SEOUL (Reuters) – Samsung Electronics Co Ltd <005930.KS> said its third-quarter profit likely jumped 58% to the highest in two years, beating analysts’ estimates as U.S. restrictions on China’s Huawei boosted the South Korean tech giant’s phone and chip sales.
U.S. action against Huawei Technologies Co Ltd [HWT.UL] has dampened demand for its phones outside of China, giving Samsung a leg up, analysts said.
The Chinese firm has also hurried to order more chips from Samsung after Washington moved to choke its access to commercially available chips from mid-September.
Samsung said on Thursday that operating profit was likely 12.3 trillion won ($10.6 billion) for the three months ended September, well above a Refinitiv SmartEstimate of 10.5 trillion won. It would be the strongest result since 17.57 trillion won in the third quarter of 2018.
Revenue likely rose 6% from the same period a year earlier to 66 trillion won, the company said.
Samsung released only limited data in Thursday’s regulatory filing ahead of the release of detailed earnings figures later this month.
“It seems Huawei’s impact on Samsung’s chip business was bigger than the market expected, and there was a big surprise in the smartphone and home appliance businesses,” said CW Chung, head of research at Nomura in Korea.
MOBILE PROFIT BOOST
Samsung was expected to post its biggest smartphone profit in at least four years, analysts said, as it gained market share from Chinese rivals and the coronavirus pandemic helped cut marketing costs.
Washington says Huawei is a vehicle for Chinese state espionage and has tightened restrictions on the firm, hurting demand for Huawei phones in Europe and other countries and boosting Samsung’s sales at a time when markets outside China are recovering from COVID-19 lockdowns, analysts said.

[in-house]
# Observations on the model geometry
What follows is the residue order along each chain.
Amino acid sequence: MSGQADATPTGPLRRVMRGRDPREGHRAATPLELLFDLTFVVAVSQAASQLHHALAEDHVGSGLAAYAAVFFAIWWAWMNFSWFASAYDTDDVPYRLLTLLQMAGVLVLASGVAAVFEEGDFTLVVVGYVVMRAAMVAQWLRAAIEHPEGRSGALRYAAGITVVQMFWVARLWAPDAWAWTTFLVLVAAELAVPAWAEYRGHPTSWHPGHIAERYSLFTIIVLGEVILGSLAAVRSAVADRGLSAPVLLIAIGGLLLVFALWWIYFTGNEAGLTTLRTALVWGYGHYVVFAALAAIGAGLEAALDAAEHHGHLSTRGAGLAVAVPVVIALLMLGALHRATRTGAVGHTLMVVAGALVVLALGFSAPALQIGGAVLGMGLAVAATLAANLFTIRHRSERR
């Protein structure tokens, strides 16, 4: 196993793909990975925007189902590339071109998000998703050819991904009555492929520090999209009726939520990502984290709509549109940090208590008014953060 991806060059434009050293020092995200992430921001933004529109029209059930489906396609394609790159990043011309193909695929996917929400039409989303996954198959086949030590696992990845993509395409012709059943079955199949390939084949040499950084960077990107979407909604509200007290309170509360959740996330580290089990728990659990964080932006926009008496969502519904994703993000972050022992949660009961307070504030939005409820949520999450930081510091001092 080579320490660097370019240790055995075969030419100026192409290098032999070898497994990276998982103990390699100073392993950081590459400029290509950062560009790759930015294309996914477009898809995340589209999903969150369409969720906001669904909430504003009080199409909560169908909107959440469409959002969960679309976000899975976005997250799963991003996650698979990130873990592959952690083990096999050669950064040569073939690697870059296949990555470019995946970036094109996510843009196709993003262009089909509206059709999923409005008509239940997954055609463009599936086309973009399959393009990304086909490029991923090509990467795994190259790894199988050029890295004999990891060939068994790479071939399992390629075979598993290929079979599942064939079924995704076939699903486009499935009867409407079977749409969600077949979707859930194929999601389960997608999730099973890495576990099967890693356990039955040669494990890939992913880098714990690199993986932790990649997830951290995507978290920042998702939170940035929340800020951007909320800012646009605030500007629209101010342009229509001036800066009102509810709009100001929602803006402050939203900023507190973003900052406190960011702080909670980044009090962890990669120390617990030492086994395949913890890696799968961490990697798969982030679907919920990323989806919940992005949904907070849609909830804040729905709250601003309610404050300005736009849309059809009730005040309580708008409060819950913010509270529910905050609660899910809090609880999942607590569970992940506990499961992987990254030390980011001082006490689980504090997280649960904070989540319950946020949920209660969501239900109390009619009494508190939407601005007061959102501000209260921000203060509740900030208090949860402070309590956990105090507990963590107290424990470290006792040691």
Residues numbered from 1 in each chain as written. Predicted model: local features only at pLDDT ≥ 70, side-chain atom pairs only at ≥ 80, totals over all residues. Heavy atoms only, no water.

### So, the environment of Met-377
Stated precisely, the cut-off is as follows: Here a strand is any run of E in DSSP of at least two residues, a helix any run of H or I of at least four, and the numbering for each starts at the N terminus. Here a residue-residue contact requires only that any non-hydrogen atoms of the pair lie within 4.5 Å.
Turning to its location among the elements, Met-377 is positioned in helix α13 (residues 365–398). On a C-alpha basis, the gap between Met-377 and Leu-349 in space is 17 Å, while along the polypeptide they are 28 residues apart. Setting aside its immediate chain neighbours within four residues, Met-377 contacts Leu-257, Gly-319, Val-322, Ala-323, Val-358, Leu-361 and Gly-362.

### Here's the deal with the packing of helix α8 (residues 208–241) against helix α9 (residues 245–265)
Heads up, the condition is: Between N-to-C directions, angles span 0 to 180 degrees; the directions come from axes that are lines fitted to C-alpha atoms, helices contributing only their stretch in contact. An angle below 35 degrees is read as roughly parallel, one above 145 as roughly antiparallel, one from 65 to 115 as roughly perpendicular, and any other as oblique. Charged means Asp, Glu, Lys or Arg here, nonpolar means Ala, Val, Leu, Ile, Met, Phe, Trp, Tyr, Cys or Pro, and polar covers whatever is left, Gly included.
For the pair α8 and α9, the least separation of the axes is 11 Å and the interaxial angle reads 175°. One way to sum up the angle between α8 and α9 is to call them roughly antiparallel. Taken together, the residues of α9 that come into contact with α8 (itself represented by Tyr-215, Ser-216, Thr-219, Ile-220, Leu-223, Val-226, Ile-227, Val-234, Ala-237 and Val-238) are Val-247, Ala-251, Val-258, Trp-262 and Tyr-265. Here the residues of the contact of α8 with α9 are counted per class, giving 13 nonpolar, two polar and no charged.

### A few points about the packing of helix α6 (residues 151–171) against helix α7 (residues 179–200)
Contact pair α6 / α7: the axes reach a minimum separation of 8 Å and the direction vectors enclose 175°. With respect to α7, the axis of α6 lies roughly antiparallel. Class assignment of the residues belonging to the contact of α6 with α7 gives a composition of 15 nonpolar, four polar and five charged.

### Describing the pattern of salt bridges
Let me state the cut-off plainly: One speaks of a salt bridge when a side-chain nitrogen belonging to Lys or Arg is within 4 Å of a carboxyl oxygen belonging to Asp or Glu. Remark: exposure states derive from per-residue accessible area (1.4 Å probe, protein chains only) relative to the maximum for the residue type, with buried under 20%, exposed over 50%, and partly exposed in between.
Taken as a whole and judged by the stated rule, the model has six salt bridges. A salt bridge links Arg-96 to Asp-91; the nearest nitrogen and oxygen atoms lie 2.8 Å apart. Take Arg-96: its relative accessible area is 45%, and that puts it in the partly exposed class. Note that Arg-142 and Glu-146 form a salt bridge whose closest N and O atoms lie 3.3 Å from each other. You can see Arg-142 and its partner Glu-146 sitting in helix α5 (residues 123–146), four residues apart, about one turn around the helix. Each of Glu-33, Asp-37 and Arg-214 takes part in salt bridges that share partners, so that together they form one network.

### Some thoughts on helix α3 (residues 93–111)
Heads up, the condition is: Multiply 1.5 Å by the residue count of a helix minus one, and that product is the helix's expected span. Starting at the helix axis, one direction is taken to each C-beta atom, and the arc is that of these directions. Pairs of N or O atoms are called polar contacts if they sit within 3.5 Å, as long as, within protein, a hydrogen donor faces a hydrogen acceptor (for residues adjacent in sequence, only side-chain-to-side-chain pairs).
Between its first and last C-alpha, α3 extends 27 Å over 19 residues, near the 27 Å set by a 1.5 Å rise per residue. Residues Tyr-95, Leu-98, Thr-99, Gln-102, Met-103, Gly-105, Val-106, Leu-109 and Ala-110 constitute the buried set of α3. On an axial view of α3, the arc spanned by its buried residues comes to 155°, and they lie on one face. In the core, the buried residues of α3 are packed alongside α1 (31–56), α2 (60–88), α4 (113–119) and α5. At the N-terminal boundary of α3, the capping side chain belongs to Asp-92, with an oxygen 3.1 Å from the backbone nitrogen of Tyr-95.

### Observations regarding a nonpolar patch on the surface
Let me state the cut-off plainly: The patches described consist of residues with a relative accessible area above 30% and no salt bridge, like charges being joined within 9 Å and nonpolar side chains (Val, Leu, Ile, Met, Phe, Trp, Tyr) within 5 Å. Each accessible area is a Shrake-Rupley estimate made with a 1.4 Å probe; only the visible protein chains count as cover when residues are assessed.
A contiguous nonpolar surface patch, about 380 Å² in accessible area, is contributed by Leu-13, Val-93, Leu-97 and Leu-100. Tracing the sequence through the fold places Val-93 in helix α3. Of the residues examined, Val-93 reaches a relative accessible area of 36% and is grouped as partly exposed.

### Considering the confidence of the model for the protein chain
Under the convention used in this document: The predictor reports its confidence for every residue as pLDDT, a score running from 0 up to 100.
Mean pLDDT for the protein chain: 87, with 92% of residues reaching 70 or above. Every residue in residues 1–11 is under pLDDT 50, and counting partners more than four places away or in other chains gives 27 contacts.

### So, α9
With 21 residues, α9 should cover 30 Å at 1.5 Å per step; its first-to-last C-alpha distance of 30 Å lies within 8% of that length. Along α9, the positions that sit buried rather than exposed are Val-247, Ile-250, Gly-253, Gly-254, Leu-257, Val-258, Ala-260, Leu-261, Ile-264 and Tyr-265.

“Many consumers were reluctant to buy Huawei phones because they thought that Huawei may discontinue phone sales and services because of U.S. restrictions,” Tom Kang, an analyst at Counterpoint said, adding that Samsung has boosted sales of mid- and low-end phones.
A surge in anti-China sentiment in India following a border clash in June is also seen as providing a boost to Samsung, which competes with Xiaomi <1810.HK> and other Chinese rivals there.
Samsung’s home appliance business also got a lift from the pandemic lockdowns, which spurred consumers to spend more on appliances such as air purifiers.
Consumer electronics rival LG Electronics <066570.KS> also said on Thursday it likely made its largest third-quarter operating profit ever of 959 billion won, which analysts attributed to strong home appliance and TV sales.
CHIP PRICES BOTTOMING OUT
Samsung’s shares have gained about 7% so far this year.
They ended down 0.3% on Thursday in a slightly firmer overall market <.KS11>, with analysts pointing to memory chip prices and the uncertain Q4 outlook for the muted response.
Analysts doubted whether Samsung’s fourth-quarter profit could beat the third, as memory chip prices are seen bottoming out and a new Apple <AAPL.O> iPhone model is expected on the market.
U.S. rival Micron Technology Inc <MU.O>, which posted a market-beating quarterly profit last month, forecast lower-than-expected sales in the following quarter, as it had not yet obtained new licenses needed to sell its memory chips to Huawei.
Market researcher Trendforce expected DRAM chip prices to decline by about 10% in the year-end quarter, as demand from the server industry has yet to make a noticeable recovery.
This comes even as Huawei rivals like Xiaomi, OPPO, and Vivo are all urgently stocking up on key components, in turn providing some support for the mobile DRAM chip market, Trendforce said.
($1 = 1,157.3700 won)
(Reporting by Joyce Lee; Editing by Christopher Cushing, Richard Pullin and Kim Coghill)